Pilot online program aims to make paper citations easier

Amy Horst

For Chantal Norrgard, writing papers will never be the same. Instead of spending a lot of her research time compiling bibliographies, the second-year graduate student will use RefWorks, an online tool that seeks to simplify the process of making a bibliography.

Norrgard is one of about 1,000 University students, staff and faculty who use the Web-based software University Libraries began offering in November as part of a one-year pilot program.

“I think it’s really useful to have a database available to everyone because sometimes students can’t afford to buy something like this,” said Norrgard, who uses the program to help a history professor do research.

The software typically costs about $100 per copy for a student and $200 for a faculty member, said Julie Kelly, a reference librarian at Magrath Library. The pilot program costs $5,000, said John Butler, a digital services librarian.

RefWorks imports bibliographic information directly from online journals or from MNCAT. For documents listed in databases that are not configured to work with RefWorks, users might have to enter the information manually. Once the program has the information, it creates a bibliography in one of 500 different citation styles.

“Normally, all those details take time and effort, so you can concentrate on the real meat of what you’re doing,” Kelly said.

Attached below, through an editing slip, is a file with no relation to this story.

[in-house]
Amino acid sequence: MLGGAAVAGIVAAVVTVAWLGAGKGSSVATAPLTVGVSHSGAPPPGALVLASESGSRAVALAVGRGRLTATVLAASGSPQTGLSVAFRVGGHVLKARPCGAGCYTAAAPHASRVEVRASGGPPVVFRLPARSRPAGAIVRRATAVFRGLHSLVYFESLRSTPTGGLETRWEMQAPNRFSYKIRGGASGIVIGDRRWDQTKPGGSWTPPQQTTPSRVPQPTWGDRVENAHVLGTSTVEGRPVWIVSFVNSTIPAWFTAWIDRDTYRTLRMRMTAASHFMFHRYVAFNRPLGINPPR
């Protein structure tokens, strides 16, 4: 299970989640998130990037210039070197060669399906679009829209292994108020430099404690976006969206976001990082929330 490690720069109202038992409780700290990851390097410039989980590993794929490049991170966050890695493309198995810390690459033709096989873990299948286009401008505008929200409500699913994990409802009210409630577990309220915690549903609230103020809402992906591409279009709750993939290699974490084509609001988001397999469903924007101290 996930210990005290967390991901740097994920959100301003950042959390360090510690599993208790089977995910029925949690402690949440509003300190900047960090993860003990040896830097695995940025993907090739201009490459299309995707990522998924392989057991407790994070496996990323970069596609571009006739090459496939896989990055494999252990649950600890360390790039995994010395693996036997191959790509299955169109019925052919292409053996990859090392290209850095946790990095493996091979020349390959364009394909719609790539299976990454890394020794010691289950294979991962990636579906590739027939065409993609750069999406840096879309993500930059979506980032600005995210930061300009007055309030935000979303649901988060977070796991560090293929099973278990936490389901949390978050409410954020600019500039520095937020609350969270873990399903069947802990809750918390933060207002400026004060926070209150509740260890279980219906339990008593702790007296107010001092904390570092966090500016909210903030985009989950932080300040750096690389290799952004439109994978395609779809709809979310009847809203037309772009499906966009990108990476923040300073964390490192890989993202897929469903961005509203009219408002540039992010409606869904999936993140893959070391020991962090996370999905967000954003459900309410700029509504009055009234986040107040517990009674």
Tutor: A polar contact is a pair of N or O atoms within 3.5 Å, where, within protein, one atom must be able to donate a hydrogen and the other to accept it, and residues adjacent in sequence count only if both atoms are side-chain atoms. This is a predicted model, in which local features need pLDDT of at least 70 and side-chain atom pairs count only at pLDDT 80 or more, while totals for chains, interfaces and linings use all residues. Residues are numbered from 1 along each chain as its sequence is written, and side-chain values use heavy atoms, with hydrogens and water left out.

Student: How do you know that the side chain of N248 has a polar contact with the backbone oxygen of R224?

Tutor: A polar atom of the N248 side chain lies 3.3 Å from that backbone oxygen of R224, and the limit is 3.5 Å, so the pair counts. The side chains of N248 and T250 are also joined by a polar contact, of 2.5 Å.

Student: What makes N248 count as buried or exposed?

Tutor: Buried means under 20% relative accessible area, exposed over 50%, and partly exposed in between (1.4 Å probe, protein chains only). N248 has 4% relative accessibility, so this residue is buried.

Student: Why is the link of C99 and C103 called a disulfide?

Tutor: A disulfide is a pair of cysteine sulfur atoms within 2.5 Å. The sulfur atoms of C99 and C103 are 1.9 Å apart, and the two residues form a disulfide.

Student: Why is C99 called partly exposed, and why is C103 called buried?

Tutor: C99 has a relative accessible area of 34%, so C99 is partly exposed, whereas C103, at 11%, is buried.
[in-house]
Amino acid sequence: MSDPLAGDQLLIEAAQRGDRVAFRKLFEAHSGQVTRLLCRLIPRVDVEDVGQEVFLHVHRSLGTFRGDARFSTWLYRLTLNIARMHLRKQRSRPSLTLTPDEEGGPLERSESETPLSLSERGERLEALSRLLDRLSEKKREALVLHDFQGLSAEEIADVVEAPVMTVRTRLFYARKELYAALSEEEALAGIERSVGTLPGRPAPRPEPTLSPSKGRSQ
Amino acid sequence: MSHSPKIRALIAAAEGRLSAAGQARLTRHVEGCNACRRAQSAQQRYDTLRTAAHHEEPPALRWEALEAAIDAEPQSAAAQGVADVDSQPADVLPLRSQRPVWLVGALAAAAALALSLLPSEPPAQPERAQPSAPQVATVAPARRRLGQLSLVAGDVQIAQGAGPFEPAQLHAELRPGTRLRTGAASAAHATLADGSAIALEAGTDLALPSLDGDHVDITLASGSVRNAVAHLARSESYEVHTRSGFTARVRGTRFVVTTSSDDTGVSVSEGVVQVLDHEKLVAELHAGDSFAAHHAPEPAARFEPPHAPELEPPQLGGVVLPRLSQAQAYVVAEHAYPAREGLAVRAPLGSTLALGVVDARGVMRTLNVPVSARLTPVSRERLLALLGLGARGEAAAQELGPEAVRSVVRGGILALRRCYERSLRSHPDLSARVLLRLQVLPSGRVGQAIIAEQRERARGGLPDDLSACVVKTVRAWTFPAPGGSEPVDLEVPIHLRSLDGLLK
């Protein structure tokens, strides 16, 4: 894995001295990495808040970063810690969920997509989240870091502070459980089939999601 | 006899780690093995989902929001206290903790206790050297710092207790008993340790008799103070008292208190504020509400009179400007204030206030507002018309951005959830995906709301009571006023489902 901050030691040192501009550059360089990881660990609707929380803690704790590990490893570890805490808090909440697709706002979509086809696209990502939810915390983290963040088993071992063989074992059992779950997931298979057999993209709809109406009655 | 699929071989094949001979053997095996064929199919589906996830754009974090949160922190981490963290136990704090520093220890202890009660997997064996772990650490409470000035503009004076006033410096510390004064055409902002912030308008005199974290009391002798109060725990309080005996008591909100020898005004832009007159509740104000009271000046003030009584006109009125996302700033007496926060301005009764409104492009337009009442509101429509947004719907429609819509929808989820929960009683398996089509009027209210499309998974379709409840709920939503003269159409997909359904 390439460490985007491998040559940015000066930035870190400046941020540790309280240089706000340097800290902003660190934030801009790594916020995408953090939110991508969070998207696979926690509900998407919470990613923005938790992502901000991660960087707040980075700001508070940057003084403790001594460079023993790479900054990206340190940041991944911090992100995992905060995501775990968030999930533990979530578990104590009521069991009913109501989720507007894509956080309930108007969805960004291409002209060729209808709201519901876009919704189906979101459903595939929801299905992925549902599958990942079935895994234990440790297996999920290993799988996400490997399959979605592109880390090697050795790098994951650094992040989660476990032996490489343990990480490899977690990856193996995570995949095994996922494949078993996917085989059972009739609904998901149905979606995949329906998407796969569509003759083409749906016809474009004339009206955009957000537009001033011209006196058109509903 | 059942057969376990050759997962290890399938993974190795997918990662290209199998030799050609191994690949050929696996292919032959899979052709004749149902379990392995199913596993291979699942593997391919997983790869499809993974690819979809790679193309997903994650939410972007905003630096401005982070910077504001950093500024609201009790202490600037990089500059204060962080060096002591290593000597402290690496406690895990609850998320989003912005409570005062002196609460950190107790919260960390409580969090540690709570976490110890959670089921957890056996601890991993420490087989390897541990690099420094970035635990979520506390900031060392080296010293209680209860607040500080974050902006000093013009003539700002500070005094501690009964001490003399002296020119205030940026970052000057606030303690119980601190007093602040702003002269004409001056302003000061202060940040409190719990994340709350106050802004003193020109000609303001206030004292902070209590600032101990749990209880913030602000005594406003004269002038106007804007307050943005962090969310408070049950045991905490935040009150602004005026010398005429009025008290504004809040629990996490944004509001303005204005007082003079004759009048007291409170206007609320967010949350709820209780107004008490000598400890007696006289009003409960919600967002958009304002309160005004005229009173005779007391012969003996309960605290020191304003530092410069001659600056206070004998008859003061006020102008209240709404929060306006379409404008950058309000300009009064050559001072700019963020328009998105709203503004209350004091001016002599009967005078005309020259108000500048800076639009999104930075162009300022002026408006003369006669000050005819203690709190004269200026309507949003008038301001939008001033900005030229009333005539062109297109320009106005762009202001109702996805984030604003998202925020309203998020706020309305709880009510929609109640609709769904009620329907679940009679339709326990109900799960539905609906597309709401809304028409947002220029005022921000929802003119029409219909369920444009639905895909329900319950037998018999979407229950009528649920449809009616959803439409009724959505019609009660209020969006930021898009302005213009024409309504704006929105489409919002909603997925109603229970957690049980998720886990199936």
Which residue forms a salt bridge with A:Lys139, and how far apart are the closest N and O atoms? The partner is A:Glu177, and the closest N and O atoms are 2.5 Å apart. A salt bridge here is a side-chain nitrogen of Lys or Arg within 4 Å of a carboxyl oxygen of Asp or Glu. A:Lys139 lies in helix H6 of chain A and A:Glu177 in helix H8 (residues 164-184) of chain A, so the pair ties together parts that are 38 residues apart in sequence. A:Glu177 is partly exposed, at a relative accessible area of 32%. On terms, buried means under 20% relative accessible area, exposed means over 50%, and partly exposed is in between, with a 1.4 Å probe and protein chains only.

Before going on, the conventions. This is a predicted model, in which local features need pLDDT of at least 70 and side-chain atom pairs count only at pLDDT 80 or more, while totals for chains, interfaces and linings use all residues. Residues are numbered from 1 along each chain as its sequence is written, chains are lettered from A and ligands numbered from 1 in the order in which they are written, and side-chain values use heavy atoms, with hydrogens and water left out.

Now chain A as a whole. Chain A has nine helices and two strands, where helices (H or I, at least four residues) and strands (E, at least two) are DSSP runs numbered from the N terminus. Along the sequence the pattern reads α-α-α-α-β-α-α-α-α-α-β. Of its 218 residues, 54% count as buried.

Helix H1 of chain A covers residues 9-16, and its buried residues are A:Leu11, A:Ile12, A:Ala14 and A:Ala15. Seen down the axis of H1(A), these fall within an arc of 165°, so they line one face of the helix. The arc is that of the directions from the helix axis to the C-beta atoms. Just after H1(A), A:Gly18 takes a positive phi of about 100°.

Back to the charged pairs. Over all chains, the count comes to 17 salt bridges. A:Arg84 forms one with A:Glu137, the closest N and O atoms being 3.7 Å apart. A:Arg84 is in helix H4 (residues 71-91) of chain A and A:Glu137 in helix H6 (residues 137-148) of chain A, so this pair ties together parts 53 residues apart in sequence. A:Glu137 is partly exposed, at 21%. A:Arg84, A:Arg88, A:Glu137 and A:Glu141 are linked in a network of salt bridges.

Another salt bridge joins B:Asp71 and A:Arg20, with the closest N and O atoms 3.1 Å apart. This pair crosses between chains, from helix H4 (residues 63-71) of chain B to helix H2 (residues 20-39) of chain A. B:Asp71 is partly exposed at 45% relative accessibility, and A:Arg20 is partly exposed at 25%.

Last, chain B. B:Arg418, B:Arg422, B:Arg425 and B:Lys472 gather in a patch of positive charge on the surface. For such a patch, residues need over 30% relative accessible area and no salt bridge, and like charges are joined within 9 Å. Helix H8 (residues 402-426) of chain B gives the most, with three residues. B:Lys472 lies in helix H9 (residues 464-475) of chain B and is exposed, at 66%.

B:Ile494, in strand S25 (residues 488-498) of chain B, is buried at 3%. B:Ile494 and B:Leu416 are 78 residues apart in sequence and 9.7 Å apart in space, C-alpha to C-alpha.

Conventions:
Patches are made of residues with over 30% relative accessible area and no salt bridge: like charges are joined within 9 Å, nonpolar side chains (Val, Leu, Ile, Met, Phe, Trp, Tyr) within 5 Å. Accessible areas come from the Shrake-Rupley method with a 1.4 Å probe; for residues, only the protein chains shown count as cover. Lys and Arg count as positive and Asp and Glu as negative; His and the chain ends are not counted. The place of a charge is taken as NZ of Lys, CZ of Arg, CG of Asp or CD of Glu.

About half the online journals the University subscribes to include a feature allowing users to send their bibliographic information directly to RefWorks with the click of a button, Butler said.

However, the program is not perfect – Butler said students should still look over their bibliographies to make sure everything is formatted correctly.

The program does not work well with older versions of Internet Explorer or Netscape Navigator.

Timothy Brennan, a professor in the English, cultural studies and comparative literature departments, said RefWorks might not benefit students in the long term.

“The act of compiling a bibliography is actually an act of immense learning,” Brennan said. “As you linger over these things, you’re learning the names of books and recalling the date a book was published and learning to associate authors with books.”

He also said that because citation styles are always changing, the RefWorks database might not be continually up to date.

For instance, the program does not contain the most recent edition of the Chicago Manual of Style in its database. Kelly said that RefWorks is trying to get it into the program’s database.

The pilot program will be up for renewal at the end of September, when the libraries will decide to continue use of RefWorks based on input from users and University colleges.

On Feb. 17, the libraries will host an open house with workshops demonstrating how to use RefWorks.